In France, gastronomy is a world of networks. There is the tight-knit group of Michelin stars. That of the bistronomes, stamped Fooding, city dwellers most of the time. The “top chefs”, who are surfing on their notoriety and multiplying ephemeral restaurants… Cooking schools, passages in brigades, rankings or television: so many connectors explaining that there are few experienced cooks who do not belong to any caste .
This is however the case of Cybèle Idelot. This American opened La Table de Cybèle in 2013, an oasis in the gastronomic desert of Boulogne-Billancourt (Haut-de-Seine). Above all, in 2019, it was incorporated into a more ambitious project: the transformation in the Yvelines of a former coaching inn from the 19th century.and century as a table d’hôte, with a permaculture vegetable garden and a zero-waste kitchen. In the middle of a 1.4 hectare park, planted with cherry and apple trees, where the rows of peas and artichokes separate from the space with wild flowers, Cybèle Idelot offers delicate and virtuous cuisine in a restaurant “living vegetable garden” which she called Beehive.
If her name still circulates little in the gastronomic networks, it is because Cybèle Idelot has made a career that goes against French standards. Born in 1973, the one whose first name is a reference to the film Sundays in Ville-d’Avray, of Serge Bourguignon, a grandiose “in a hipster atmosphere”. She lives in a house in the middle of the woods near San Francisco, with a vegetable garden that feeds the household. His mother is a clothing designer; his father writes screenplays for David Lynch or Francis Ford Coppola. “I spent my childhood on the sets. At 4 years old, on the set of Encounters of the third kind, I fell in love with François Truffaut, who puffed out his cheeks to make me laugh”remembers the chef in French barely tinged with a slight accent.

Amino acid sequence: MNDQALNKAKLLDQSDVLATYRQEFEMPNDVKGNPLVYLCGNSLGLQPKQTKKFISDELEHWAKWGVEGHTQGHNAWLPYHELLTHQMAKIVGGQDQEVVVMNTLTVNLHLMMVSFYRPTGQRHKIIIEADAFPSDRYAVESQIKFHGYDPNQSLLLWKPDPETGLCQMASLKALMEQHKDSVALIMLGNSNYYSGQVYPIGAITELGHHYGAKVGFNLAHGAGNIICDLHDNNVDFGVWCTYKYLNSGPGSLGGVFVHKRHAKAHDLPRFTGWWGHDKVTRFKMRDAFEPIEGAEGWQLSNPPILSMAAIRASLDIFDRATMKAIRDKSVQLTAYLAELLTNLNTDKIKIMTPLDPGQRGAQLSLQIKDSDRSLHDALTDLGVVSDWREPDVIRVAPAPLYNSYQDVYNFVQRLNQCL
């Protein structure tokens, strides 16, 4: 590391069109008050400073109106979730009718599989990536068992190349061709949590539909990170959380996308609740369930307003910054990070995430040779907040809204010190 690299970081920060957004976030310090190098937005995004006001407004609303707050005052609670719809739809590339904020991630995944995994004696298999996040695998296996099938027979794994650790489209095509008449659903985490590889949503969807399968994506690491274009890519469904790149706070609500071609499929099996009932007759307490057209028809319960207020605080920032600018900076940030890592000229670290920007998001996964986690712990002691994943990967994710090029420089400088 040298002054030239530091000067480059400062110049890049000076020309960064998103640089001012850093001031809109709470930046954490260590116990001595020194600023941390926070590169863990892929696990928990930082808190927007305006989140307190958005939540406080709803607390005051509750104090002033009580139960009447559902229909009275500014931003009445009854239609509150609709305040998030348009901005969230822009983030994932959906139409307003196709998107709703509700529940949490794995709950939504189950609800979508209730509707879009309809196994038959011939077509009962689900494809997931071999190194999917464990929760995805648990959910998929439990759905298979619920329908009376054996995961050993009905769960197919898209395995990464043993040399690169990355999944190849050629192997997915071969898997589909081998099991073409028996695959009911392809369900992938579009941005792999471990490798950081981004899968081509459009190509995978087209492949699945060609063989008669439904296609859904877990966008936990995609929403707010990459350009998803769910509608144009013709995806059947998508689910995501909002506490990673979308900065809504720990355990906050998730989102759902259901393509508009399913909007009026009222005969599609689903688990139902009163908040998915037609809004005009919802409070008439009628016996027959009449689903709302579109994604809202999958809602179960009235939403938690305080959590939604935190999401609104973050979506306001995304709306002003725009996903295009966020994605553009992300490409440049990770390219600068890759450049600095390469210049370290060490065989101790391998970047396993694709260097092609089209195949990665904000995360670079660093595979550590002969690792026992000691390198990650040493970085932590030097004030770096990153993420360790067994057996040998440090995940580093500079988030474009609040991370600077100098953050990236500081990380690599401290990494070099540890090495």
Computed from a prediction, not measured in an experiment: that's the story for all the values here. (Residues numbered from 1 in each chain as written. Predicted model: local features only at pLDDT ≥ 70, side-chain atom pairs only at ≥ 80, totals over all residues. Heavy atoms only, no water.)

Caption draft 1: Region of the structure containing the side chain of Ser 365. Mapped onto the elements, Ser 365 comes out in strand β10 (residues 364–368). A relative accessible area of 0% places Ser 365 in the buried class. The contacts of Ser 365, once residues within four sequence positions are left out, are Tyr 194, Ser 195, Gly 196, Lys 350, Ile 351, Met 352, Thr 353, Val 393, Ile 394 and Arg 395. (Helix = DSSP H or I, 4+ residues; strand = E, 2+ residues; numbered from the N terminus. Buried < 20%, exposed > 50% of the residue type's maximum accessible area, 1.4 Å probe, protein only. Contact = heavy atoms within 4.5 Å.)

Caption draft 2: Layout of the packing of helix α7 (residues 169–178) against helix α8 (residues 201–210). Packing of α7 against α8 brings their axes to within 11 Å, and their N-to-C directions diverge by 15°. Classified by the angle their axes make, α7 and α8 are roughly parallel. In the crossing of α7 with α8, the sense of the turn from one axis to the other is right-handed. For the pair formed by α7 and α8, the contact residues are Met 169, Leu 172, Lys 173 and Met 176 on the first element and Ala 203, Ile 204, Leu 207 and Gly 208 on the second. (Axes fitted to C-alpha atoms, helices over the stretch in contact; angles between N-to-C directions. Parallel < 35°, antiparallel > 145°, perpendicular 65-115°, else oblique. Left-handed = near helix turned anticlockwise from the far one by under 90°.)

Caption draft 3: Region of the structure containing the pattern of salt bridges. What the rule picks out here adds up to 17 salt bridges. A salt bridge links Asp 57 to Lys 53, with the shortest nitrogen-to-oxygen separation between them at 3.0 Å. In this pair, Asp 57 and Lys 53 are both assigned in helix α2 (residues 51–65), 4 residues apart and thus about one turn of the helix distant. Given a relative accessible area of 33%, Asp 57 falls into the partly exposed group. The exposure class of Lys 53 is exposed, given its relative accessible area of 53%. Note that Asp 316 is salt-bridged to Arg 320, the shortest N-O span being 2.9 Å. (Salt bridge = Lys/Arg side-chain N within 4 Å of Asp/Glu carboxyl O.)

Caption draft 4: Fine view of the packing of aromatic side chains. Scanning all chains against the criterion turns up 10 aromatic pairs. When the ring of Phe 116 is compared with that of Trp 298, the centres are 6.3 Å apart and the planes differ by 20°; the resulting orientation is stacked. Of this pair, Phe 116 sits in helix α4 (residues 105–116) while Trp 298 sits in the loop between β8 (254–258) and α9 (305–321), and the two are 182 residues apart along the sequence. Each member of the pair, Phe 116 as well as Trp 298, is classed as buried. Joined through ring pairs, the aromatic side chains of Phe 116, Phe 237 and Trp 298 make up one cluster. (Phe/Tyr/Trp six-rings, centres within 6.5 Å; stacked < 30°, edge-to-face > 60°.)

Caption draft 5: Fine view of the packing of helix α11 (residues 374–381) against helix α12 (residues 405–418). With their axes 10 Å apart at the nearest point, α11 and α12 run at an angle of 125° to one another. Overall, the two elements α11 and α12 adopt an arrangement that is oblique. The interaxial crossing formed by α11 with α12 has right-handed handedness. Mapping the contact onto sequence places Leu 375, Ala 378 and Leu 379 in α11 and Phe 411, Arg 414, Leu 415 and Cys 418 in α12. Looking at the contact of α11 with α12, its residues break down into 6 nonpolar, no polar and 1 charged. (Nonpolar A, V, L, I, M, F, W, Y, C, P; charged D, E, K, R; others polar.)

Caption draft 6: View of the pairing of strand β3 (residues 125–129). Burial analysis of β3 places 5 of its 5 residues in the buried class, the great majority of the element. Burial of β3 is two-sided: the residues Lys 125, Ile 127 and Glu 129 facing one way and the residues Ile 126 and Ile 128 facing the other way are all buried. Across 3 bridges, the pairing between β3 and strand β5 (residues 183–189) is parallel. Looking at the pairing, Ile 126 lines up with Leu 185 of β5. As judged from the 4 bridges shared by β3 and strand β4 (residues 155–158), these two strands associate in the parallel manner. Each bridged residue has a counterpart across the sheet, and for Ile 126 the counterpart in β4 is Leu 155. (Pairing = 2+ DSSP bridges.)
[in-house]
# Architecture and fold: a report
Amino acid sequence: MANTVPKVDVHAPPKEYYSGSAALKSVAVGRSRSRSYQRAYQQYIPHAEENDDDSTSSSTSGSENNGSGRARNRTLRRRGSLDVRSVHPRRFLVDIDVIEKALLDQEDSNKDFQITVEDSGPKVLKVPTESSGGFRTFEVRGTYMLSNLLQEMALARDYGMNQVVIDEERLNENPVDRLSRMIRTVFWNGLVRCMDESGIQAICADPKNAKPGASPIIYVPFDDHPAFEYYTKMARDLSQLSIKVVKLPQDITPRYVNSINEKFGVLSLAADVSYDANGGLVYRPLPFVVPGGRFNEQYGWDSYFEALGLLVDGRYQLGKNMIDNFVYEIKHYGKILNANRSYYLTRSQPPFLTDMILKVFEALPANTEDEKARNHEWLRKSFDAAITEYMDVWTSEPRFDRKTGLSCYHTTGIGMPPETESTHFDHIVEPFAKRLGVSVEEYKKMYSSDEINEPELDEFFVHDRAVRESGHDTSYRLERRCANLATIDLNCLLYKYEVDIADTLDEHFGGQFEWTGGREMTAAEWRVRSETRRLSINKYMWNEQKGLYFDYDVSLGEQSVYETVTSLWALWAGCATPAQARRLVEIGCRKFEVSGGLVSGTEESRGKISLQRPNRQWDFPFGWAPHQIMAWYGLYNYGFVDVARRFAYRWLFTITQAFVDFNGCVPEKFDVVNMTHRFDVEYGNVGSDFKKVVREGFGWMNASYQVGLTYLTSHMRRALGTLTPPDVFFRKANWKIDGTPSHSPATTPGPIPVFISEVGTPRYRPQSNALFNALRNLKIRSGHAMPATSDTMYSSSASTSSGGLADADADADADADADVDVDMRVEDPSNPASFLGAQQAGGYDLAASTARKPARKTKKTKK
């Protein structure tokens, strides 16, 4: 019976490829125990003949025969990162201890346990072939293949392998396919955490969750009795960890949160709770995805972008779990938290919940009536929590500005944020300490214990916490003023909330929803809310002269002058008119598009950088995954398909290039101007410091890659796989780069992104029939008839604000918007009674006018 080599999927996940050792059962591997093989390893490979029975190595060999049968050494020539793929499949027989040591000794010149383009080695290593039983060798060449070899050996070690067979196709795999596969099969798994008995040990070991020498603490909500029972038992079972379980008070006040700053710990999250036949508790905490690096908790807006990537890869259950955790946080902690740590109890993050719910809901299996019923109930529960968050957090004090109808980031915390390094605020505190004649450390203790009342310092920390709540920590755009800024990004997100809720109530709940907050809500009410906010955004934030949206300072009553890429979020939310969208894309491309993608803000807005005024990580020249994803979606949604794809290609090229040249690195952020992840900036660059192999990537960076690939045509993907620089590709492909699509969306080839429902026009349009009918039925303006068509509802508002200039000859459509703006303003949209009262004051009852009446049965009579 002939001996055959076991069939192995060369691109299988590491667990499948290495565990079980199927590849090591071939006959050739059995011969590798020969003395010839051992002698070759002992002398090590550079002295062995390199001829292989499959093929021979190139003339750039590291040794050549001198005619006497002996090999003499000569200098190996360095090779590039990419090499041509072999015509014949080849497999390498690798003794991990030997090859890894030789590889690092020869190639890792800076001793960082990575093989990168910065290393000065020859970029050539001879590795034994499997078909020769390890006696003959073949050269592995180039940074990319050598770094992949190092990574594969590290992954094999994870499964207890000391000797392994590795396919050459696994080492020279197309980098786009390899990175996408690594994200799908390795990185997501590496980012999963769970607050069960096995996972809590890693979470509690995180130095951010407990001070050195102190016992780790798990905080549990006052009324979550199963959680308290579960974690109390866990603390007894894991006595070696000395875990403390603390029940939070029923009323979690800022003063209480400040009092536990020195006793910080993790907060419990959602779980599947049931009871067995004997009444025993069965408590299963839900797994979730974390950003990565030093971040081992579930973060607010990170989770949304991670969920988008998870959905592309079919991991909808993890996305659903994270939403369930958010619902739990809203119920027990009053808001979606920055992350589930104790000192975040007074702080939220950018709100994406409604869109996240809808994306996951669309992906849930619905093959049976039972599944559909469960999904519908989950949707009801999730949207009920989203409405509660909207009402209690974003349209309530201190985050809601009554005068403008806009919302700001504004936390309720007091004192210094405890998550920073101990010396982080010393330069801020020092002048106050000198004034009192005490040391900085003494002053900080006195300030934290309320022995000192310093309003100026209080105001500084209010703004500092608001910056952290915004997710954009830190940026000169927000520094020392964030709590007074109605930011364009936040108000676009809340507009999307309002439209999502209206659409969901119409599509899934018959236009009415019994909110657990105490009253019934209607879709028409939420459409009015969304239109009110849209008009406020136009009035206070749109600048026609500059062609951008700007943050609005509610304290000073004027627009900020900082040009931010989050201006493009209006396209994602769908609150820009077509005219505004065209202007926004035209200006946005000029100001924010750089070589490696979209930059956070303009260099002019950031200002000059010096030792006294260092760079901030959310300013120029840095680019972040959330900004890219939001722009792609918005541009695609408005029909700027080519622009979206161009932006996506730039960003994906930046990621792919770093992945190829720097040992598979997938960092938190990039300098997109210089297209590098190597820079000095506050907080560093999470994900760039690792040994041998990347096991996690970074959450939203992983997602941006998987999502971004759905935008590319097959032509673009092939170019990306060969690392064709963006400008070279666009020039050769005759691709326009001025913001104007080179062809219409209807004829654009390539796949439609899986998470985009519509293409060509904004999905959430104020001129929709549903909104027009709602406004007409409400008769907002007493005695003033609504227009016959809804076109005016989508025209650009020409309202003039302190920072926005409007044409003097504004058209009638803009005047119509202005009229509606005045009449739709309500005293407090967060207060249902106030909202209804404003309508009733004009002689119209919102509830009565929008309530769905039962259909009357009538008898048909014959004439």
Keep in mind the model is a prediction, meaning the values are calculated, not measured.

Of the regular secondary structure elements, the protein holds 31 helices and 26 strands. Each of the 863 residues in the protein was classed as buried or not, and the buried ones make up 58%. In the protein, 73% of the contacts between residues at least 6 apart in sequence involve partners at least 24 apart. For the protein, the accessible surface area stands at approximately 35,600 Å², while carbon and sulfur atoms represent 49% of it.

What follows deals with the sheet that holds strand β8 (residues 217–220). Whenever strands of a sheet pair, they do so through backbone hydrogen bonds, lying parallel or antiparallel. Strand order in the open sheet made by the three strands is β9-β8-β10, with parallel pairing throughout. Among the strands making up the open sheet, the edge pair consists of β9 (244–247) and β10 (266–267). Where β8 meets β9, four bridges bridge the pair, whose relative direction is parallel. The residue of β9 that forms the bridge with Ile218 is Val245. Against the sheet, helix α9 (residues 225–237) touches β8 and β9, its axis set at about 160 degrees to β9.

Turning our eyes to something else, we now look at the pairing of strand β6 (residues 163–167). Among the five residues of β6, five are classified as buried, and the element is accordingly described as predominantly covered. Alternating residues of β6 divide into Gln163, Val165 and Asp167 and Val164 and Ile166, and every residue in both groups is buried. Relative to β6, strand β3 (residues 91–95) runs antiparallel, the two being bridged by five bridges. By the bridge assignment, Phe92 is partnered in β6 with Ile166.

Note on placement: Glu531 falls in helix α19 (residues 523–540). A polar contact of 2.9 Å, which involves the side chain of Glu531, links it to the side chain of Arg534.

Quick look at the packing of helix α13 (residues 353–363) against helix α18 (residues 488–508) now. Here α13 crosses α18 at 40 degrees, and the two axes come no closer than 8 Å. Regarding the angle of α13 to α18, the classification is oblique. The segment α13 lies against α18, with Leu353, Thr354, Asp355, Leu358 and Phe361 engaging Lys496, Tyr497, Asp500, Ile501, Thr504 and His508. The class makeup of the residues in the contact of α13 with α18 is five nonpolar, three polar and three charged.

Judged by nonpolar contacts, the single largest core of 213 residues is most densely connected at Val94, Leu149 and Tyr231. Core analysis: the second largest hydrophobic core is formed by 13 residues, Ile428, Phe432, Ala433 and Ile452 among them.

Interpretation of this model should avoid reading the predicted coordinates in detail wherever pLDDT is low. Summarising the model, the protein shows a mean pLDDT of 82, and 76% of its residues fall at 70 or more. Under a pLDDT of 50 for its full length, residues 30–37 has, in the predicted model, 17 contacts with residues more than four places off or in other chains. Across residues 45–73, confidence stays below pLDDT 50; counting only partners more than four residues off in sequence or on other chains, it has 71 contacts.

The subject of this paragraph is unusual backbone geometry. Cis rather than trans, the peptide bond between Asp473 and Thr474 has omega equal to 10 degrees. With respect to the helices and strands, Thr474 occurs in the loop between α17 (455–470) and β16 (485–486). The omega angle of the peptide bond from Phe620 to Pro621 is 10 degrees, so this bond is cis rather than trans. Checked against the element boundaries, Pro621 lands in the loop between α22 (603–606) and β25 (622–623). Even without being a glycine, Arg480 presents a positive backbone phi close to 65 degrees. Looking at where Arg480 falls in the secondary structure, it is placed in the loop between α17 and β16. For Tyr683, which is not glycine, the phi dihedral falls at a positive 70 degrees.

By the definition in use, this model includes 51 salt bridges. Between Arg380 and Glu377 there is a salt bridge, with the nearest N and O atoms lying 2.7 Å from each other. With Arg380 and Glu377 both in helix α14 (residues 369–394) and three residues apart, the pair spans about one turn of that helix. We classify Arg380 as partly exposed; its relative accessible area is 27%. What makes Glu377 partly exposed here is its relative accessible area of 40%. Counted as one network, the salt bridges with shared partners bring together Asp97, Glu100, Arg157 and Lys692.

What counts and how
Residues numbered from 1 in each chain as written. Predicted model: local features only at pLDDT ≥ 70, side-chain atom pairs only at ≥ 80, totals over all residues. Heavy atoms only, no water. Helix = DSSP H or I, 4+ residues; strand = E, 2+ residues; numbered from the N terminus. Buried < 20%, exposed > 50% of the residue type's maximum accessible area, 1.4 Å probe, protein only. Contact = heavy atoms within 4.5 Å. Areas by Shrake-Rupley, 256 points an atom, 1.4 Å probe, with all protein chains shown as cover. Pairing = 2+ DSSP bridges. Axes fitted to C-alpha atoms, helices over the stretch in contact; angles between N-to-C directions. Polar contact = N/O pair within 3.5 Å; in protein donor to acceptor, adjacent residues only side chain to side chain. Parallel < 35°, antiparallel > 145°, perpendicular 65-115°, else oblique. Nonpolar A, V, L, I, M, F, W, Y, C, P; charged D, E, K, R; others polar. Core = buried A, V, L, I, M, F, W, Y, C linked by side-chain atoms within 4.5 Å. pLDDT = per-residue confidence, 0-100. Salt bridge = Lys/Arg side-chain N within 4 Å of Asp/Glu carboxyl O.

It is not the Hollywood gratin who awakens his taste buds, but his grandparents, who, every Thursday evening, bring out the silverware and crystal glasses for a dinner with French influences. On the menu: roast chicken, leg of lamb and green beans, floating island… In his family, cooking is a passion and a know-how that is passed on. As a teenager, Cybèle prefers to organize gourmet dinners rather than alcoholic evenings: “Cooking is really innate, she explains. It’s like I was made for this. »
She navigates, however, begins studying art, travels, then ends up throwing herself far from everything, in Saint-Barthélémy, in the West Indies, where she finds a place as a private chef. After five years establishing the foundations of her cuisine, in 2000 she opened a seafood restaurant in the Hamptons, near New York. She thrives working with local fishermen, gets great reviews, but the investors turn out to be schemers, and the experience is cut short. Cybèle Idelot then becomes a private chef again, this time in New York, organizes weddings, cocktails for 2,000 people during fashion week and appreciates the adrenaline that these moments provide.
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